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Reflections Newsletter: February 2016

February 1, 2016
K. Henry
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St. David's Newsletter

February 2016 Issue

The following news items are in this issue, just click on an item title to view it.
At the end of each news item is a
'back to beginning' phrase, just click on that
phrase and you will return to the beginning of the newsletter.

News List:
- Liturgy Schedule: February 2016
- Monthly Calendar: February 2016
- Meet our new Music Director - George Cullinan
- From The Rector
- Vestry Update
- Birthdays
- Picture Page
- Just Wondering - Christmas is on the 25th but the Easter Date changes
- Did You Know

 Meet Our New Music Director - George Cullinan 

On January 24th during the 10 a.m. service, George Cullinan was introduced as our new Music Director and Organist. Previously, George was the Choir Master and Organist at the Church of the Holy Cross in Novi. In addition to his new position at St. David’s, George is an Accompanist and Assistant Director for the Detroit Children’s Choir. He brings a wealth of musical experience to us and is looking forward to serving at St. David’s.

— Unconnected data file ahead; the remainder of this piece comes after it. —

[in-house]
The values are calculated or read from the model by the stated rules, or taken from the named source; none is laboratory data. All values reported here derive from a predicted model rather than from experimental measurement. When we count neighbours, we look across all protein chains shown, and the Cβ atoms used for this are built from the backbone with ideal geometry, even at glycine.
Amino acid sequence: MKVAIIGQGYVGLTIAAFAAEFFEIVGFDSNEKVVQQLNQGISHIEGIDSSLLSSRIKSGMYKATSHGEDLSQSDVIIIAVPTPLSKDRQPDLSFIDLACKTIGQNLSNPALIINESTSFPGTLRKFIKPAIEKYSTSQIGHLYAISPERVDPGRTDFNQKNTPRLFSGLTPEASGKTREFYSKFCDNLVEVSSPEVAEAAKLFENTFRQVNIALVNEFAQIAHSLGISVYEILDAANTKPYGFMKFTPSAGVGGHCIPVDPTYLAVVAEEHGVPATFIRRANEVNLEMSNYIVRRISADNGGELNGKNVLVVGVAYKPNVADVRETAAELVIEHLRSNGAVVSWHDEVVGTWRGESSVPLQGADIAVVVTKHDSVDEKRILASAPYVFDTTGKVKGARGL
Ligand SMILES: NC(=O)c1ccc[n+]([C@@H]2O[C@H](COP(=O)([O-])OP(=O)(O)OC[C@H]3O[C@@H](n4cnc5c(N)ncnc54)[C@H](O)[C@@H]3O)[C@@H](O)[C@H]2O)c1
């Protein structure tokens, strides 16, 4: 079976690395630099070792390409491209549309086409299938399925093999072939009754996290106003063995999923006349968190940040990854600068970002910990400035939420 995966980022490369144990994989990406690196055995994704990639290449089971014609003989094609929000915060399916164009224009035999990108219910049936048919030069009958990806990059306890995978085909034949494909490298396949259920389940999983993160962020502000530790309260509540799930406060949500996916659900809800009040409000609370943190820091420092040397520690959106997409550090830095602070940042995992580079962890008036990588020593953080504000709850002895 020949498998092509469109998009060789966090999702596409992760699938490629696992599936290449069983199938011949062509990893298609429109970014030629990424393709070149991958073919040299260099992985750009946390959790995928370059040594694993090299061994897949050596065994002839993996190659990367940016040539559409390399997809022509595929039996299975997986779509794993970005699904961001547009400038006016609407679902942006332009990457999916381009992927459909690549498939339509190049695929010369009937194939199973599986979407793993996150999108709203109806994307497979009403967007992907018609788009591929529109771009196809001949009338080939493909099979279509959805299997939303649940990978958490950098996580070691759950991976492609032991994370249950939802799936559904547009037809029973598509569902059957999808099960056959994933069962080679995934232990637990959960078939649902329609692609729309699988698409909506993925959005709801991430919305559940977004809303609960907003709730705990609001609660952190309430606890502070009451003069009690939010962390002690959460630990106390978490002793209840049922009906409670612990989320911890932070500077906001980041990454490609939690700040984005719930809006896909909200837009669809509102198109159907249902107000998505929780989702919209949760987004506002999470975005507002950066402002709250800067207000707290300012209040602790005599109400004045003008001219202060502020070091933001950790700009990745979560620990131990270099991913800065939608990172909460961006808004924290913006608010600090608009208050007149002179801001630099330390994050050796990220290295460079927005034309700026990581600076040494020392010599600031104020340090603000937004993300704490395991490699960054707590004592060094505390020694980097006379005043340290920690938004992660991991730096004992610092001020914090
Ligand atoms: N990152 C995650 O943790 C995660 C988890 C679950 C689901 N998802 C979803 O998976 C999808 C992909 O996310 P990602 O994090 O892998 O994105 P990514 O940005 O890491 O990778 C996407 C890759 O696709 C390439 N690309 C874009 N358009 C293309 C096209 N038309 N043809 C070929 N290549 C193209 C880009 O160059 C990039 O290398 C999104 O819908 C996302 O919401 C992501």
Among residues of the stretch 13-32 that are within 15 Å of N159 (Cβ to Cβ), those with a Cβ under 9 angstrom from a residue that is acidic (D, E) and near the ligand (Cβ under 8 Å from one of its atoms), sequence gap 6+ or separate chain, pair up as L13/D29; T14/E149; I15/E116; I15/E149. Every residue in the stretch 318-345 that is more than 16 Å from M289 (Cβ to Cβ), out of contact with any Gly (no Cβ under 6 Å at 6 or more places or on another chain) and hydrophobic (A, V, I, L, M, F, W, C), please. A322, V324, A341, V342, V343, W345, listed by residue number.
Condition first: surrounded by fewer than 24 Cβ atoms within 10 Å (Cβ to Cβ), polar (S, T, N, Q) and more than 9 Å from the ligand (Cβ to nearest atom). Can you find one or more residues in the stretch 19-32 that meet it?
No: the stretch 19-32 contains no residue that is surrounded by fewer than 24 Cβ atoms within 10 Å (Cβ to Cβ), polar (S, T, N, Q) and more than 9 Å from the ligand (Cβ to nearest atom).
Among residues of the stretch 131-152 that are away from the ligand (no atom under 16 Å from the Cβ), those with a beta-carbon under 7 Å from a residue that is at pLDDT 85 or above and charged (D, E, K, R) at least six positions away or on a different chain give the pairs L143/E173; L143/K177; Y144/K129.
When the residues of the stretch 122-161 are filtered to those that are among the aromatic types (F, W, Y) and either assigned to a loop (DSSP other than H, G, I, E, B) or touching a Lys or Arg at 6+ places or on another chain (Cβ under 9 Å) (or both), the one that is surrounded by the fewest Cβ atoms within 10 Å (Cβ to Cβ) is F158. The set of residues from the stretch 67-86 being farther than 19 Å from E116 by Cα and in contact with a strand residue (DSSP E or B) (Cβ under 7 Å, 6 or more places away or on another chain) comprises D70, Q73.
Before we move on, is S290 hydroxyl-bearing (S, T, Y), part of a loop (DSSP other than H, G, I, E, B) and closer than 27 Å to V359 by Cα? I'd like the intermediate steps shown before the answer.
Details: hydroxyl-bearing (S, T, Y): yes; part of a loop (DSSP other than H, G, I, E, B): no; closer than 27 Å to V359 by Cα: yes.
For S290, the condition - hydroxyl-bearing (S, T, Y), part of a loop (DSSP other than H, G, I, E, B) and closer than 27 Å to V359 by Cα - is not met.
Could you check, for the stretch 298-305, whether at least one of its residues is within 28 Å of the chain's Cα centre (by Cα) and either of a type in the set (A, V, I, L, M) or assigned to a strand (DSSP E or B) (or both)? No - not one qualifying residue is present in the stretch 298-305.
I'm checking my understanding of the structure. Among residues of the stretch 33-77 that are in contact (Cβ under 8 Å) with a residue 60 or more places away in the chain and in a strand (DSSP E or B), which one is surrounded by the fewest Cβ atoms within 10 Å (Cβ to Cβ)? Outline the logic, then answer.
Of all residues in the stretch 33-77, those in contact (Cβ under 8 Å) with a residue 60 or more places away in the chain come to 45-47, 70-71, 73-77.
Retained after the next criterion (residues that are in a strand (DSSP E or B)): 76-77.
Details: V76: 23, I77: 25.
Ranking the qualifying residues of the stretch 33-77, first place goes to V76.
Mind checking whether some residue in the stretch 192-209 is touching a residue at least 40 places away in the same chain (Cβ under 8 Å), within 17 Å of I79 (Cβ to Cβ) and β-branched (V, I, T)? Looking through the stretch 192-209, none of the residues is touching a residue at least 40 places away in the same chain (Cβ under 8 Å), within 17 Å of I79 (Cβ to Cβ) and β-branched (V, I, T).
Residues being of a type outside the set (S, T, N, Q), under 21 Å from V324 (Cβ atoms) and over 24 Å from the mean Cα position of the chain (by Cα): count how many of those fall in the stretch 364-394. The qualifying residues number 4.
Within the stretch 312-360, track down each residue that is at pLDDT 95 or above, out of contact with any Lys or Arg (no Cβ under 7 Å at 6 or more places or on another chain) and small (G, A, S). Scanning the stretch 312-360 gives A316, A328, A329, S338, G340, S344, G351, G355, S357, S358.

“I was touched by the warm welcome I received on my first Sunday,” George said. “So many people came up to welcome me. I’m looking forward to working in a positive environment.”

George lives in Ann Arbor with his wife Noelle Carlozzi and their two-year old son Kieran. They have been married since 2008. Noelle is a Clinical Psychologist and an Associate Professor at the University of Michigan. She also does Neuropsychology research.

George was raised in Fitchburg, Massachusetts. As it was a family tradition, he started to play piano at the age of five. In high school, he performed both music and drama. George attended Susquehanna University in Selinsgrove, Pennsylvania where he majored in piano performance. He then served as Staff Accompanist for the choir at Westminster College in New Wilmington.

Afterwards, George moved to Stillwater, Oklahoma, to attend graduate school at Oklahoma State University. It was here that he met Noelle. In 2004, after getting his Masters Degree, they moved to Charleston, South Carolina, so he could perform as a pianist with the Charleston Symphony Chorus. Noelle did an internship there.